Growing up, I was lucky enough to spend my summers in Virginia horse country at my Aunt and Uncle’s house. And, while it’s true that I never learned to ride, I did learn that my grandmother raised her daughters who raised their daughters the right way: Never rely on a husband or a trust fund, because you never know when either one might run out. Don’t get me wrong, I wish I could have been a trophy wife with a drinking problem. It just wasn’t in the cards. I love doughnuts, I hate doctors, and I’m a complete misanthrope. Other than that, I’d have fucking nailed it.
In any case, the point is that, like everyone in that part of the world, my cousins had horses and rode competitively. They did dressage, but some of their friends did cross-country and show jumping, and some of them did all three, which is also known as eventing. If you’ve never seen it, you should. It’s basically the equestrian world’s equivalent of a triathlon. Personally, I can’t figure out how they do it. I can barely master a horse that eats quarters instead of hay and goes in circles… electronically. But I love the idea of riding, especially three-day eventing because they actually say things like, “my comfort zone is crotch height.” Yes, really. It allows them to use their bodies as human tape measures when gauging a jump.
Now, just to make sure we’re on the same page, God help all of us if I ever decide to take up that sport; because, at forty-two, I’m pretty sure boob height is rapidly approaching crotch height, and no one wants to have that conversation with me, especially at a competition sponsored by Rolex. Seriously. You should simply trust me when I tell you that would be out of everyone’s comfort zone, particularly since I’m not above using hand gestures if I feel like there’s ambiguity and my safety is on the line.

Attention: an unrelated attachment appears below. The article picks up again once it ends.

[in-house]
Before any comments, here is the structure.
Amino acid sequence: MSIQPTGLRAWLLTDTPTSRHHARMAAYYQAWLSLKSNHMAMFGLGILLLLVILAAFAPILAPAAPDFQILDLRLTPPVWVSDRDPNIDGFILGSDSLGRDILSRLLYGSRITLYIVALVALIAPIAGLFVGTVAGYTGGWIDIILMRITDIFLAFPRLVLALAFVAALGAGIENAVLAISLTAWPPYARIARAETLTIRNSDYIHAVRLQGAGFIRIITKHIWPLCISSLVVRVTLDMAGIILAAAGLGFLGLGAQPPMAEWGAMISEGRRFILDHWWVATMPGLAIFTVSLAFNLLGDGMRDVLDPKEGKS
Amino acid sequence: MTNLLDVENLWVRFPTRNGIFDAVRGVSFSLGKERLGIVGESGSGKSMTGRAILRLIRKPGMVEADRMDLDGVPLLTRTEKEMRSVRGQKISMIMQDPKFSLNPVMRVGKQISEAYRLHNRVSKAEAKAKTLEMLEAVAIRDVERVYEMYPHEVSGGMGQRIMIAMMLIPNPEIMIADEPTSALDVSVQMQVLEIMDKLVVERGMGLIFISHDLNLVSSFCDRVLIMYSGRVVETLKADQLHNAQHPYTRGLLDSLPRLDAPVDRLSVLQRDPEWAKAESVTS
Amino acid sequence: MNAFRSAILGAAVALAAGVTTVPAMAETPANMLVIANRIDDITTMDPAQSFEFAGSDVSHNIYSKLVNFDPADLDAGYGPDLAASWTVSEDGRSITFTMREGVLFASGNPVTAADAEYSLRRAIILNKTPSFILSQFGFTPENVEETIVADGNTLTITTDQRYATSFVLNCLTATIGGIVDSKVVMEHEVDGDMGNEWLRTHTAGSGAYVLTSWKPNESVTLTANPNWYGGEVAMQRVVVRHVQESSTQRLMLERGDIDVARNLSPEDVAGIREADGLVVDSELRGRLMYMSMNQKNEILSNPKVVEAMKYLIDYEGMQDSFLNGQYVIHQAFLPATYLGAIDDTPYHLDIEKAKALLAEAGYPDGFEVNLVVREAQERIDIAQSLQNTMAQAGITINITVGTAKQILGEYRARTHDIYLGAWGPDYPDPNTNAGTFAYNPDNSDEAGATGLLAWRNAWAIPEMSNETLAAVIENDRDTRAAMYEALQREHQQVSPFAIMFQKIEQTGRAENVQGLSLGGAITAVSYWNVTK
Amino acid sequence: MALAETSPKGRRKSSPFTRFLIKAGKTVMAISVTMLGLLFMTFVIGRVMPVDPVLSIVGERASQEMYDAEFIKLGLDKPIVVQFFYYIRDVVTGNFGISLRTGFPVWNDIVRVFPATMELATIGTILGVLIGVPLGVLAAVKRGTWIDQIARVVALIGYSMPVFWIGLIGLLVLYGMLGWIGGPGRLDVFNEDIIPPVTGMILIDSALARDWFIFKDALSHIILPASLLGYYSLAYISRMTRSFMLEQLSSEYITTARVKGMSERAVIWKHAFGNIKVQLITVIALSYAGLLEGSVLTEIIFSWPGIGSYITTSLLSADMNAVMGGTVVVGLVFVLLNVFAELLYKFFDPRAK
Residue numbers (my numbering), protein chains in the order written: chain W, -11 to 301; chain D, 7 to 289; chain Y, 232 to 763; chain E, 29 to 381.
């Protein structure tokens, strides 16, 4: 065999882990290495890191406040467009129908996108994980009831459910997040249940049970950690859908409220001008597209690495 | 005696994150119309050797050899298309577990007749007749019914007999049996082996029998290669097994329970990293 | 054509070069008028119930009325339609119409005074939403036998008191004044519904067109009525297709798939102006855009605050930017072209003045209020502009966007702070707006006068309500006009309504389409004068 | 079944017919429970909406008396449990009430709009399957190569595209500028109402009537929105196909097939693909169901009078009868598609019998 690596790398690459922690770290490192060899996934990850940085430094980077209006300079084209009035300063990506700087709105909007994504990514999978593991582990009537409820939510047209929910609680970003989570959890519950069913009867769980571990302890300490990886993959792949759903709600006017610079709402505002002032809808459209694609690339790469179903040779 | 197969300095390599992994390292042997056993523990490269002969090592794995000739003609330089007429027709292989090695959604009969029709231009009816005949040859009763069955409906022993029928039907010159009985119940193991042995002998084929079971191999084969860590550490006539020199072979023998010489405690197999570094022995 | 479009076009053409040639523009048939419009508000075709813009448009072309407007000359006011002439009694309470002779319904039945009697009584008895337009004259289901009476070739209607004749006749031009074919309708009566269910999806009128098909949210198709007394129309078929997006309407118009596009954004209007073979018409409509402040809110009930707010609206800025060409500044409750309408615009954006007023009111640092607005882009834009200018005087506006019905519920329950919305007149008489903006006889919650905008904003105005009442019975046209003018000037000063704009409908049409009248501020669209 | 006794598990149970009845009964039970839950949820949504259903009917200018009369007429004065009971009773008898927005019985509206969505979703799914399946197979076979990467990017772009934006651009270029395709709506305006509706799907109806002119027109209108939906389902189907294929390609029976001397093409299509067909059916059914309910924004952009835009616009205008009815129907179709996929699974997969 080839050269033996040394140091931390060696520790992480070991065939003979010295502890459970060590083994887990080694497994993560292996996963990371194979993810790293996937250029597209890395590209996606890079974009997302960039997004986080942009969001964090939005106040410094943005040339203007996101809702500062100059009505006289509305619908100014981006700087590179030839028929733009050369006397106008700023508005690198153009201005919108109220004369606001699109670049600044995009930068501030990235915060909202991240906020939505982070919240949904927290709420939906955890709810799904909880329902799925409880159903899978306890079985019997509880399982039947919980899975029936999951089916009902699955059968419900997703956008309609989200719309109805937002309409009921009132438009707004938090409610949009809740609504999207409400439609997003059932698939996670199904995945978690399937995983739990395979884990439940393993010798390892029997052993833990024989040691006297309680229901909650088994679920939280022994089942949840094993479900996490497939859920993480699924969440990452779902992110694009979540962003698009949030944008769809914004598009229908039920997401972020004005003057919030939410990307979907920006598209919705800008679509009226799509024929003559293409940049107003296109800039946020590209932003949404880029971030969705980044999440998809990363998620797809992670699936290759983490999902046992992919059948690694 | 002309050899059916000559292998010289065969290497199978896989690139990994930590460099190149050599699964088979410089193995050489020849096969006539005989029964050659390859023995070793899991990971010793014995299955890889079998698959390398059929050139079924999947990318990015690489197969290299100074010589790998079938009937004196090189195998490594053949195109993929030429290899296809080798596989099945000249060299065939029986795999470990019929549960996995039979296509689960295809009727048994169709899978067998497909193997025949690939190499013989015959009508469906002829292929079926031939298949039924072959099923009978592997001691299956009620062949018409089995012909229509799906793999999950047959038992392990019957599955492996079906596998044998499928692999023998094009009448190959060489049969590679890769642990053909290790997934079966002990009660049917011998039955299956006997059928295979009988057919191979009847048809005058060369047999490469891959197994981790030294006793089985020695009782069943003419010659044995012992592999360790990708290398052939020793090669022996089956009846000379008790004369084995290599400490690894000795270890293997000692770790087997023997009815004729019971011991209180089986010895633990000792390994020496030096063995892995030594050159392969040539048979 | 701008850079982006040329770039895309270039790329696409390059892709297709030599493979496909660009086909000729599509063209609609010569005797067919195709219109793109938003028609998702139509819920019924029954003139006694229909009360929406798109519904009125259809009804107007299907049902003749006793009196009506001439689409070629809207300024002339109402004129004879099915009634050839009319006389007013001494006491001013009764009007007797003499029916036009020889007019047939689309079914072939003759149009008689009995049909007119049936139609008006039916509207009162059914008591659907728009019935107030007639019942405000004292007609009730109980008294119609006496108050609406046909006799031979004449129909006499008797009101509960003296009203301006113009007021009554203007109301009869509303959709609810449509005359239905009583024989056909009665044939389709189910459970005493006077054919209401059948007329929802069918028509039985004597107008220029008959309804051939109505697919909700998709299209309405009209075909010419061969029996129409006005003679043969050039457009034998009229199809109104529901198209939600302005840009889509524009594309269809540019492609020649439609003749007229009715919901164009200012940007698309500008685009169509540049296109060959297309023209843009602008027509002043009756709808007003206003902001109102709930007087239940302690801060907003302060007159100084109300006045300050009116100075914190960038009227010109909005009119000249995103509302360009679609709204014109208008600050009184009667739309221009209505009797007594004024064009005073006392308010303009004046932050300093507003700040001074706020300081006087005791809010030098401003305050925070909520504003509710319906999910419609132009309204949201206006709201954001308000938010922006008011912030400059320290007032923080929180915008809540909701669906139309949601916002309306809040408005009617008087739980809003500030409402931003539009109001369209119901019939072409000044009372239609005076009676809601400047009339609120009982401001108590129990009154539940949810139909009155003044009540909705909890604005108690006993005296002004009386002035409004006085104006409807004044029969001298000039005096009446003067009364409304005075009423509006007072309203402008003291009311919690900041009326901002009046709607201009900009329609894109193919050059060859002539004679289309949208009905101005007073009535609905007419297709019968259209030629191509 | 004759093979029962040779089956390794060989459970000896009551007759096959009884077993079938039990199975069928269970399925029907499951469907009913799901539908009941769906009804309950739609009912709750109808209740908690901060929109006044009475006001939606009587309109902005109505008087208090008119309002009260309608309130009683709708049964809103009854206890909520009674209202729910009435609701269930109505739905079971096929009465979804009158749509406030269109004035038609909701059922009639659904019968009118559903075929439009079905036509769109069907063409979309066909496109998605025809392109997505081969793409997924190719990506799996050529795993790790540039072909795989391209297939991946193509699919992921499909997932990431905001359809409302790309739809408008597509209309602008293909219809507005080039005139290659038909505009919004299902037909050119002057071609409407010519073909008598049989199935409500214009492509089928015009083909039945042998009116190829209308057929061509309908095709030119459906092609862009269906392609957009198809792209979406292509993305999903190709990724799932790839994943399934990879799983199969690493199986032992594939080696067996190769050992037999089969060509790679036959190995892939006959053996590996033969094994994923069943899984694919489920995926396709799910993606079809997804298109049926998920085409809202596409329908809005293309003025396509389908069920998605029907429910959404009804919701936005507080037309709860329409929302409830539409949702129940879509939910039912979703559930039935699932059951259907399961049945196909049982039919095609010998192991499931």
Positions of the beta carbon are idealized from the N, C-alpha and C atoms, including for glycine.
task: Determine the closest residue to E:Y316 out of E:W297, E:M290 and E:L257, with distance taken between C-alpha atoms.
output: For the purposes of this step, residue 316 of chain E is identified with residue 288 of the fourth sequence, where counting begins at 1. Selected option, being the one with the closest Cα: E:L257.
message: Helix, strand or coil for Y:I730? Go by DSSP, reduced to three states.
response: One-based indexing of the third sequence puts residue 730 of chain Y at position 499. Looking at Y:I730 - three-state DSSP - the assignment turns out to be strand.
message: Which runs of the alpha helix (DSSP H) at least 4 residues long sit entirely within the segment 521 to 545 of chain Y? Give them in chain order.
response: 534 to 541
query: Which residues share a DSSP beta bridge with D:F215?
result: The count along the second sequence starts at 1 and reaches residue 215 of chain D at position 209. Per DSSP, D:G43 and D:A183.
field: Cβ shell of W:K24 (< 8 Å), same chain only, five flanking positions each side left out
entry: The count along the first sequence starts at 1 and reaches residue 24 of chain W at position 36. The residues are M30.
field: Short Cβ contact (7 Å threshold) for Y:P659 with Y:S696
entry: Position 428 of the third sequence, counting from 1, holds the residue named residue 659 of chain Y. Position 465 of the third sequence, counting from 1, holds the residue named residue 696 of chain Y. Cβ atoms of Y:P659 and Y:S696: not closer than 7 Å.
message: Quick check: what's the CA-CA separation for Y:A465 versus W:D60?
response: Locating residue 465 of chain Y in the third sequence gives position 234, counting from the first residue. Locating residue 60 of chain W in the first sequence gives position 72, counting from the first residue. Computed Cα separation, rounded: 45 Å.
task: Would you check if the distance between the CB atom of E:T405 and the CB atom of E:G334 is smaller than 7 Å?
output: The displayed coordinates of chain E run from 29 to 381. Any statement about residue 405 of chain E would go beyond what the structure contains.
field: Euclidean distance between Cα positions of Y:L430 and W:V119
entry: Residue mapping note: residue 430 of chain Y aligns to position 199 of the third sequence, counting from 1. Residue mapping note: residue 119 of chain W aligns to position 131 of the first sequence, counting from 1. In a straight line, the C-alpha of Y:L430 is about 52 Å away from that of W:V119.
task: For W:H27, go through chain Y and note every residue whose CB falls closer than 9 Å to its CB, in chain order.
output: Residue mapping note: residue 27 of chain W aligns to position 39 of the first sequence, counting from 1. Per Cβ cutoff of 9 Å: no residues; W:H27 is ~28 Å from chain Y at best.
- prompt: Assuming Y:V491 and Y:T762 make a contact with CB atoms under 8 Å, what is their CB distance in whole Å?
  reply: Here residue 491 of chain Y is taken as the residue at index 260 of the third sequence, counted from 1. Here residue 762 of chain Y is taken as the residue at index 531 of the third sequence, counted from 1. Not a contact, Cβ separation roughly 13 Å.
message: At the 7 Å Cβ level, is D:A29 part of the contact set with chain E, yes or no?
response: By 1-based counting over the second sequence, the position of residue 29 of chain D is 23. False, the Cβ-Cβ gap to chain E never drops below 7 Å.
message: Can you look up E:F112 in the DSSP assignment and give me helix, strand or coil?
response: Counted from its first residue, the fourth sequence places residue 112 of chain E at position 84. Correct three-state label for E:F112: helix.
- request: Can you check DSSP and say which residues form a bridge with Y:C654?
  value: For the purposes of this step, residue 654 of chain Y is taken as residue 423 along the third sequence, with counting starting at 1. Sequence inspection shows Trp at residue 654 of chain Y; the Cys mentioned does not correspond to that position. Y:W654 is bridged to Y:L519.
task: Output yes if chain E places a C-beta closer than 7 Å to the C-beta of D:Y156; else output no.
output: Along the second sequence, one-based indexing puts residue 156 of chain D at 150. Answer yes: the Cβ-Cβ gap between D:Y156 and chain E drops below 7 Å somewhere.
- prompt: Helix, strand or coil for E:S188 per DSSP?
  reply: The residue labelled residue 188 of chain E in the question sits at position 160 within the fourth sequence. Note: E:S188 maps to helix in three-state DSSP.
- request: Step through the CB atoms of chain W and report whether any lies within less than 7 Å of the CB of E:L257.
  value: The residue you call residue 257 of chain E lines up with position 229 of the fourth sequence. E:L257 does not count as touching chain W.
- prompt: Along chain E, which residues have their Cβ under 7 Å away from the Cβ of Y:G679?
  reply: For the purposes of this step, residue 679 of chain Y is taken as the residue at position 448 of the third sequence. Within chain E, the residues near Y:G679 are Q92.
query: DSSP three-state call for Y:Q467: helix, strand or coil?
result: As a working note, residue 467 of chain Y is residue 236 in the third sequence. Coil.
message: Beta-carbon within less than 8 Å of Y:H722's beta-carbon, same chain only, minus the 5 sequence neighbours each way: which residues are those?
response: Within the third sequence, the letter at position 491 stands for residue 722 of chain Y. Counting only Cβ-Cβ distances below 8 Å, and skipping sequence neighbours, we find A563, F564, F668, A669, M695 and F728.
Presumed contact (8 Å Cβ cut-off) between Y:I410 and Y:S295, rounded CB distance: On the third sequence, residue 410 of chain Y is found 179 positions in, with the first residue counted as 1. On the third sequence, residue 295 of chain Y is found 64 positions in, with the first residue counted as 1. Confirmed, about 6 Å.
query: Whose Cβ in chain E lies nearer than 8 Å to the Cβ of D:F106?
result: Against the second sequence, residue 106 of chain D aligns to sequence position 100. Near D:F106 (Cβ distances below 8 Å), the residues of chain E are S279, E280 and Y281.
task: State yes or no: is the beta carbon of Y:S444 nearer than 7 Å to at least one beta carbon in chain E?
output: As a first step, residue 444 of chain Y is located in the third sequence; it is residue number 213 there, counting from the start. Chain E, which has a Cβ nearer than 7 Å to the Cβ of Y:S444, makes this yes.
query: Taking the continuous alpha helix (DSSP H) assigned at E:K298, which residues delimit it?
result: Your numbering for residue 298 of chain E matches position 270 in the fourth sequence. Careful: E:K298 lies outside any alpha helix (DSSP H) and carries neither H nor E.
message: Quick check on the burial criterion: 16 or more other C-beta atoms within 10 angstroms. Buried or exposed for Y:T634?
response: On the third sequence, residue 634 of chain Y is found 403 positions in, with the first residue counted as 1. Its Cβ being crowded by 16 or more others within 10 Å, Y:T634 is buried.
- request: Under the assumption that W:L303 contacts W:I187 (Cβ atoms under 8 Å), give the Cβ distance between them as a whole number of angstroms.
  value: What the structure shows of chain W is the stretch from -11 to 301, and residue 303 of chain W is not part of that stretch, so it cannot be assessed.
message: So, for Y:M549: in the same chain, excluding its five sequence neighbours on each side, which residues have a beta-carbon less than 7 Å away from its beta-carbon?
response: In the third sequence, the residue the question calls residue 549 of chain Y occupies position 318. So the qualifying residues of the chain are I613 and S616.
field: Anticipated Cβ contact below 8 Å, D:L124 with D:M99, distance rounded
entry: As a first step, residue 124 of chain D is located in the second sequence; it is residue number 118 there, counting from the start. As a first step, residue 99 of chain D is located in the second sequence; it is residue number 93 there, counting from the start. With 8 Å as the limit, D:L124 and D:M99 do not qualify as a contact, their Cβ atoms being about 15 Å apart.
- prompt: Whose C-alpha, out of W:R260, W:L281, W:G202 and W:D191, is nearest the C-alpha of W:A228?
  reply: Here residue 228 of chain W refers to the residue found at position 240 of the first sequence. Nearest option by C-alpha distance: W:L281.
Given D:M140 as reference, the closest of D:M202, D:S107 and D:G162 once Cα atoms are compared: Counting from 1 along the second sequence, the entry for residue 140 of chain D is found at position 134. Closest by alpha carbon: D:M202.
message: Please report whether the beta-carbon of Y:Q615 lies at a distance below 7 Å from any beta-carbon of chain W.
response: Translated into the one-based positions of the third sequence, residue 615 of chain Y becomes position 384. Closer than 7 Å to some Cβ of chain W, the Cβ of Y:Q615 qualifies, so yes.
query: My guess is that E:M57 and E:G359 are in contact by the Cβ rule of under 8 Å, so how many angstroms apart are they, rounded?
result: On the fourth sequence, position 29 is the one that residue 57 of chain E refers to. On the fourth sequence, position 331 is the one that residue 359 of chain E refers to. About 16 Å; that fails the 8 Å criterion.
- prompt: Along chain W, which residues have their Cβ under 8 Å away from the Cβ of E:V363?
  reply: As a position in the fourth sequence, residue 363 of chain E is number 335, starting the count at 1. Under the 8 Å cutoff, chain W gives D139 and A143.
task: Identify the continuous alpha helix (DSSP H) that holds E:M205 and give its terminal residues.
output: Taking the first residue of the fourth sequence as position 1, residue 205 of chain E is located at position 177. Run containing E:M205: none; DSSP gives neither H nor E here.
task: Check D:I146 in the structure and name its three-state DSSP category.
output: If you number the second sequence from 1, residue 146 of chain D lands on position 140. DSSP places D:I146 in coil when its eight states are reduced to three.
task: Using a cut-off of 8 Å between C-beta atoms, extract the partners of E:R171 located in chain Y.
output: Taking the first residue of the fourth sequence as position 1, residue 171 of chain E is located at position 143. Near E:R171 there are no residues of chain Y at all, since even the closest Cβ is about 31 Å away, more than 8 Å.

Anyway, I also love that eventers will tell you they do it, “three ways in three days.” Otherwise stated, they do one event each day: dressage, cross-country and show jumping. So what does all of that have to do with this post? Well, nothing and everything, so stay with me. We’re almost there.
You see, every year I take a ski trip out west; and this time, since it was just TB and me, we decided to get multi-mountain passes for Keystone, Arapahoe Basin and Breckenridge. The idea was to hit Keystone’s Outback and do some tree skiing on day one, head over to A Basin on day two for Pallavicini, one of Colorado’s steepest runs, and then wrap up with a day of moguls off the South Side of Peak 10 at Breck. Three days. Three ways: Trees, pitch and bumps.
Honestly though, for two women in their forties, I would tell you that we held our own… OK, that's a lie. TB held her own because she stills run marathons. Given that I only run my mouth and errands, on the last day, my legs were simply shot. But, because I'm an idiot, I agreed to head over to Peak 9, which has extremely tight ungroomed mogul runs, and it was a mistake.
So, there we are... on a run called Devil’s Crotch… and I’m looking more like something from Rosemary’s Baby than Warren Miller… when I hear TB say, “Stop fighting the mountain and start working with it.” Which, in her defense, is very Zen; but, in my defense, may not be altogether accurate… because I feel like I’d be a biter and a hair-puller in a fight (I have no empirical evidence to support this theory, but I’m pretty sure I’m right)... and I decide, “You know what, I’ll do it.” So I sit into it… and I’m hauling… and it feels really good… until I hit the biggest mogul of my life… and it hits me right back.
I *might* have peed myself, but I’m not really sure, since I don’t actually know how long I laid there, but I can tell you this: When you come to, and your ass is near your armpit, you’re not only out of your comfort zone in any sport, you’re out of your league. On the up-note, when I got home and called my mother to tell her about the trip, she said, “At least the only thing that died was your dignity.”
Talk to you later.